2007 Archive Edition - See the Archive Notice on the Project Homepage for more information.
Alphege of Canterbury
Known also as Godwine or Æfheah (Elphege), St. Alphege (c. 954-1012) and is said to have been of noble birth. He became a monk at Deerhurst before retiring to a hermitage in Somerset. Through the influence of Dunstan, Alpege was named abbot of Bath (some say he was the first abbot of the monastery) and later (984) bishop of Winchester. Ten years later, Ethelred the Unready sent Alphege to negotiate with the Danes, whose leader Aflaf converted to Christianity and agreed to accept tribute (now called the Danegeld) to insure peace. Ethelred's massacre of the Danes on St. Brice's Day (13 November), 1002, brought renewed hostilities. Alphege became Archbishop of Canterbury in 1005 and travelled to Rome to receive the pallium from John XVIII. When the Danes invaded and conquered most of southern England in 1011, the subdeacon Ælfmar is said to have betrayed Canterbury. The Danes held Alphege and other officials for ransom. Alphege refused to be ransomed for £ 3, 000. since the money would have to come from the poor. The Danes pelted him with ox bones one night after a feast at Greenwich, and someone then killed him with an axe. He was buried at St. Paul's. His body was translated to Canterbury in 1023. He was venerated as Canterbury's first martyr, and the fame of Thomas à Becket eclipsed that of the man whose name he invoked as he was dying.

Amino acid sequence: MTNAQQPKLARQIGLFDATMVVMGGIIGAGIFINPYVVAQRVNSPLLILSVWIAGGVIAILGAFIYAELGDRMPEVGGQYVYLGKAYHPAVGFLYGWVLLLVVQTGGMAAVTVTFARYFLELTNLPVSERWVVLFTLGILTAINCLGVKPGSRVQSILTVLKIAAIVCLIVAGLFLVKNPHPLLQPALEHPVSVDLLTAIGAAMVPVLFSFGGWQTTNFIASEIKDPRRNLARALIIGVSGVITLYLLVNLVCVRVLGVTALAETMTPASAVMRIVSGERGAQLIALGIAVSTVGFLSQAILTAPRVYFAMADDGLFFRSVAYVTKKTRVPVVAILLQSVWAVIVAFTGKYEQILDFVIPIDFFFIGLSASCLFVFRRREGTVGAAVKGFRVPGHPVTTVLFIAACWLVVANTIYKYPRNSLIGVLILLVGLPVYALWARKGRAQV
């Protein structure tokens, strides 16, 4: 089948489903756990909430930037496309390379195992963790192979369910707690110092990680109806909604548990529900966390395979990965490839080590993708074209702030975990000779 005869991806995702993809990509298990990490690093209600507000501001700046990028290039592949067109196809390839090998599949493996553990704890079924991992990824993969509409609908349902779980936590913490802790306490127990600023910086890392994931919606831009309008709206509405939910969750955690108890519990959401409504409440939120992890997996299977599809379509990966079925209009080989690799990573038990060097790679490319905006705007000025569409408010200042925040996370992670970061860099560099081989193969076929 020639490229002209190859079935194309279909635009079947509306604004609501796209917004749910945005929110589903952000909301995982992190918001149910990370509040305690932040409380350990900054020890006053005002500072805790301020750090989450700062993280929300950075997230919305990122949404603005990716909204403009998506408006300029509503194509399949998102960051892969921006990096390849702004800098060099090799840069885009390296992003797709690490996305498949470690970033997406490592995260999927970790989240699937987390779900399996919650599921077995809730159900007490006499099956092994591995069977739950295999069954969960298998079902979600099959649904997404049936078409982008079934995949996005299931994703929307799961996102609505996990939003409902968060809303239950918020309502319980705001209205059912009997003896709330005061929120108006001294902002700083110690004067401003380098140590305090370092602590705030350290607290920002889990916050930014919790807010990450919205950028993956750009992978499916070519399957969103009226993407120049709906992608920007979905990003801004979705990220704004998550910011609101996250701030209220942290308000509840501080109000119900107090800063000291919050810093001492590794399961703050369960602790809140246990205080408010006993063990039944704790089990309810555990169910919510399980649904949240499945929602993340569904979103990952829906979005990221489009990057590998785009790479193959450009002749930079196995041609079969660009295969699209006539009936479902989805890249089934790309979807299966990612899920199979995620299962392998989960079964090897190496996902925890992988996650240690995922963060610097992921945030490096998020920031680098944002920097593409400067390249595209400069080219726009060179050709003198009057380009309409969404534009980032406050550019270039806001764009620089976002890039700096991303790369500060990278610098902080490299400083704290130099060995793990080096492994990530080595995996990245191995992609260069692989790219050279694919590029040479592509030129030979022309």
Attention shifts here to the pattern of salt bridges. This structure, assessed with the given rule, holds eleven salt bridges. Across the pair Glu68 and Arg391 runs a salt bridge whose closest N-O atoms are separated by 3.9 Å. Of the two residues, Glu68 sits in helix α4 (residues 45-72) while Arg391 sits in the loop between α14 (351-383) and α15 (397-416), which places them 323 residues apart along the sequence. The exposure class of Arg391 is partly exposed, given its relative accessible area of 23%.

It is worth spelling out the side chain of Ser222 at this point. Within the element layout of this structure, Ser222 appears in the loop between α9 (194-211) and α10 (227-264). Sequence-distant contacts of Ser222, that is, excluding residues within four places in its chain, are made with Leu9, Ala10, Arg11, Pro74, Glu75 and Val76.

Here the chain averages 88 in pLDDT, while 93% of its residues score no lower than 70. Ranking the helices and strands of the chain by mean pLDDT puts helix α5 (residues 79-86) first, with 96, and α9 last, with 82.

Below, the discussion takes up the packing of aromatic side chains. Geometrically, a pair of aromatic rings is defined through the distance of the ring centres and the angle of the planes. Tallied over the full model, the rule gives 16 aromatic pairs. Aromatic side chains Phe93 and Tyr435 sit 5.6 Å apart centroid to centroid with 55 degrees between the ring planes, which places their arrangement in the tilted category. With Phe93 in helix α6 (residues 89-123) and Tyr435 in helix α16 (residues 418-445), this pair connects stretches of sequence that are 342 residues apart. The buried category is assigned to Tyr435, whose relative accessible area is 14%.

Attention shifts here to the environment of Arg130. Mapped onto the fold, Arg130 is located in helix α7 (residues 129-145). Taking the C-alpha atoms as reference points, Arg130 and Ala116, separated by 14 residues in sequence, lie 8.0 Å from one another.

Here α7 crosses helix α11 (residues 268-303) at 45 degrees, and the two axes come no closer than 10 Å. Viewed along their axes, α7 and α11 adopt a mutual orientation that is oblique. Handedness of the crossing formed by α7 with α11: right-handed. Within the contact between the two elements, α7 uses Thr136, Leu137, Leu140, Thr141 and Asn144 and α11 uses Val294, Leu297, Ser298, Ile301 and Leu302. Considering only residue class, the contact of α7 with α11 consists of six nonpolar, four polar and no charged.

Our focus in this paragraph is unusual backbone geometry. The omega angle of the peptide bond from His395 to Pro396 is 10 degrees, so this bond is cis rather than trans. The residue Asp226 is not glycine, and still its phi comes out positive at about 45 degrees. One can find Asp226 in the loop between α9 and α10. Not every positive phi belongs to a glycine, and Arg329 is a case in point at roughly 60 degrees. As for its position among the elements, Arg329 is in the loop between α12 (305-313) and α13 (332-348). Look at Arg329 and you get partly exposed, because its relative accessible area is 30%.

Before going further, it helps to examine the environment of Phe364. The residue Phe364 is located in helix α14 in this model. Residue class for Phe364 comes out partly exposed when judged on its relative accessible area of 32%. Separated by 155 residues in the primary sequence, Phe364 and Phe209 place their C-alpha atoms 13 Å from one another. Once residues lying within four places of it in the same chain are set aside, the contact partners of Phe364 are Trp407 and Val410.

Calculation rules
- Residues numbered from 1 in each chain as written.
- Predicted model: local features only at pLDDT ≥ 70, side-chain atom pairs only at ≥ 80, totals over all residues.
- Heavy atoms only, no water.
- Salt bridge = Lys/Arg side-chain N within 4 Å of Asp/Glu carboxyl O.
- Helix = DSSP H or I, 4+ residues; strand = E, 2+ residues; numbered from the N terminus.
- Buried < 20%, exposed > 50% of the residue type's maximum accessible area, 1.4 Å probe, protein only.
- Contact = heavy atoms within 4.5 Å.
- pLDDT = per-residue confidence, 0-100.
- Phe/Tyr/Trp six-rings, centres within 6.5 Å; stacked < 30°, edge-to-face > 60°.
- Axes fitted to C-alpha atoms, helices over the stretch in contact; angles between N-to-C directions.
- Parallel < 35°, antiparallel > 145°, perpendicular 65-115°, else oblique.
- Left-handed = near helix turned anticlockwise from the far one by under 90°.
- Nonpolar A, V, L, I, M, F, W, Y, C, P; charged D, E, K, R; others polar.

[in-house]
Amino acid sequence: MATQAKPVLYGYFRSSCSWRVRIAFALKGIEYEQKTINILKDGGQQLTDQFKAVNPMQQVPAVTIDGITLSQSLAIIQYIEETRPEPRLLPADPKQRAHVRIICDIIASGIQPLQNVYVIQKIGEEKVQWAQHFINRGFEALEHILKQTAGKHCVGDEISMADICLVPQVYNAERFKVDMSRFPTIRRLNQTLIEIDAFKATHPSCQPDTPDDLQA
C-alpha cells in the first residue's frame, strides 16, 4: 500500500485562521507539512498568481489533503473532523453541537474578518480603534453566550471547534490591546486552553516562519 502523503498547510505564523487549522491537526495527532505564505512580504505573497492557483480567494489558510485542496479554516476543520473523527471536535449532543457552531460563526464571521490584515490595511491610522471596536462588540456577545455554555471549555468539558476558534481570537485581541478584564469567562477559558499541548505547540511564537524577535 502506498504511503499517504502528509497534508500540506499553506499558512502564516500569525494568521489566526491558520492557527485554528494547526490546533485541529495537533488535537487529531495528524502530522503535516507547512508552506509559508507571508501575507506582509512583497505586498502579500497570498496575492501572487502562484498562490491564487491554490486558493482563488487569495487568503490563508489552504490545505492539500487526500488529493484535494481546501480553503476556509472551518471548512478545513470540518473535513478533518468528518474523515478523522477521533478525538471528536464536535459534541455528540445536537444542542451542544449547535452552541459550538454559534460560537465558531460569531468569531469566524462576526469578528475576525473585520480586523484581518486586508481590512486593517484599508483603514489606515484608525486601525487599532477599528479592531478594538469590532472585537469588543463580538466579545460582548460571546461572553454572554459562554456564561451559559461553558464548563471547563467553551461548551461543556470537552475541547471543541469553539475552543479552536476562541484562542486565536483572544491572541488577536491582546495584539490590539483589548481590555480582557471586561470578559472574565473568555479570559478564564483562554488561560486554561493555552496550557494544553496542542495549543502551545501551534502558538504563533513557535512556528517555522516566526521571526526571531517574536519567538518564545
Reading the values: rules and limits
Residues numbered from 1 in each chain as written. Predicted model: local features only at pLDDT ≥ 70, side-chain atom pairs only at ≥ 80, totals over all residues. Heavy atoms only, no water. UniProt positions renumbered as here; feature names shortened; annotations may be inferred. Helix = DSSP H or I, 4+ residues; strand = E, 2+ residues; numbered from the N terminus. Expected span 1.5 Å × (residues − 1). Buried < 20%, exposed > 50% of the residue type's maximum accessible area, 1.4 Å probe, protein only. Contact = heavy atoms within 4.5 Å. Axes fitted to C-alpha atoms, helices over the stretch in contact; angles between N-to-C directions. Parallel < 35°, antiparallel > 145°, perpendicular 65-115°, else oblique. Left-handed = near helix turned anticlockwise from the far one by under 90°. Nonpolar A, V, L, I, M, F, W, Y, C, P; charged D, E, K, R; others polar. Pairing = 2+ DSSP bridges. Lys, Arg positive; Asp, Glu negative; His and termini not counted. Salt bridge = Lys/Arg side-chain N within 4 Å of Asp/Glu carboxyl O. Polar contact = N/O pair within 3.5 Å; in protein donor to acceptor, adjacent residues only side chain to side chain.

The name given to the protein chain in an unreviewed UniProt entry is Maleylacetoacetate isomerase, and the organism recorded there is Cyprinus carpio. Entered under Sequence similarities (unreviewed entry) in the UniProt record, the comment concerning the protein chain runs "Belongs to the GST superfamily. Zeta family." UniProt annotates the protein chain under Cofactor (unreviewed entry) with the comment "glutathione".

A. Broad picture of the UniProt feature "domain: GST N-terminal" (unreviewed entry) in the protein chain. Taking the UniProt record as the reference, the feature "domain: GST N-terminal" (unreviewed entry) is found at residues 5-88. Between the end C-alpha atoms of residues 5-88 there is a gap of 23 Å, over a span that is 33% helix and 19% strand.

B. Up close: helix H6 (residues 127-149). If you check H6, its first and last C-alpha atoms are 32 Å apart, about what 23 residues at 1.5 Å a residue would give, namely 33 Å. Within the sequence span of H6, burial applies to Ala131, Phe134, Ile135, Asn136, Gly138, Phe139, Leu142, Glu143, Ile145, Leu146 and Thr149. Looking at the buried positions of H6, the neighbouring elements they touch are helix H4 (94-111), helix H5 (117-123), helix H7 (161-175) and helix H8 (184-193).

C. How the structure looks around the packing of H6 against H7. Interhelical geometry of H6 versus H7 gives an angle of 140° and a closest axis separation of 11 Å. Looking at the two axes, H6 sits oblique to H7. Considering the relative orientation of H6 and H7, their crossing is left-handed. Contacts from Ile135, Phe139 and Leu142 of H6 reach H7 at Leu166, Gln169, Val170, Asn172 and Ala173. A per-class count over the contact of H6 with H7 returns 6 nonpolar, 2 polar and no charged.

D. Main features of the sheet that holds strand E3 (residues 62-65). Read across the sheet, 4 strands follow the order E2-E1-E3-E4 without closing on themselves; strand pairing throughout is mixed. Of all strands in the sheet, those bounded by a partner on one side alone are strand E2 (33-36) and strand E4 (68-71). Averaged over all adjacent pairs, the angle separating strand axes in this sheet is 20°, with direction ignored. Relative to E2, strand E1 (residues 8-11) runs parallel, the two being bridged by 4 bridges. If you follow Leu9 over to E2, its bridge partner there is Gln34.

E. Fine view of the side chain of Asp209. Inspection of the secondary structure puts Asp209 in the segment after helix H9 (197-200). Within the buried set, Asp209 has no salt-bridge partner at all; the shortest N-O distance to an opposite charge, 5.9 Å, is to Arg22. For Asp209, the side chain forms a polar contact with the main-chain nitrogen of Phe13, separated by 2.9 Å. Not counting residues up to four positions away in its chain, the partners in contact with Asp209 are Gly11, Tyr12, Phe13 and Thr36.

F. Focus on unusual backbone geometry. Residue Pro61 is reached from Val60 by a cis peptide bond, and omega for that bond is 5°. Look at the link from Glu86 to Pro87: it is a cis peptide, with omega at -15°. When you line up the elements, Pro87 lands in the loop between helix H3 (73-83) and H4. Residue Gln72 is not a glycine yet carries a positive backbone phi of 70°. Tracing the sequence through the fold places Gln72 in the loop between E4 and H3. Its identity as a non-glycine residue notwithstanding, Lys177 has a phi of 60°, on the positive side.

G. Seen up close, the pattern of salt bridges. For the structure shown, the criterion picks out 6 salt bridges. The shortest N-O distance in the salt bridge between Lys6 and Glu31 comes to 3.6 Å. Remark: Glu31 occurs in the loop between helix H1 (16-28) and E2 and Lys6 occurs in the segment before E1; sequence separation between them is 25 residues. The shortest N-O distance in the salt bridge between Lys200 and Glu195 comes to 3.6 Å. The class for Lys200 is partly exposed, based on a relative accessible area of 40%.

Karen Rae Keck
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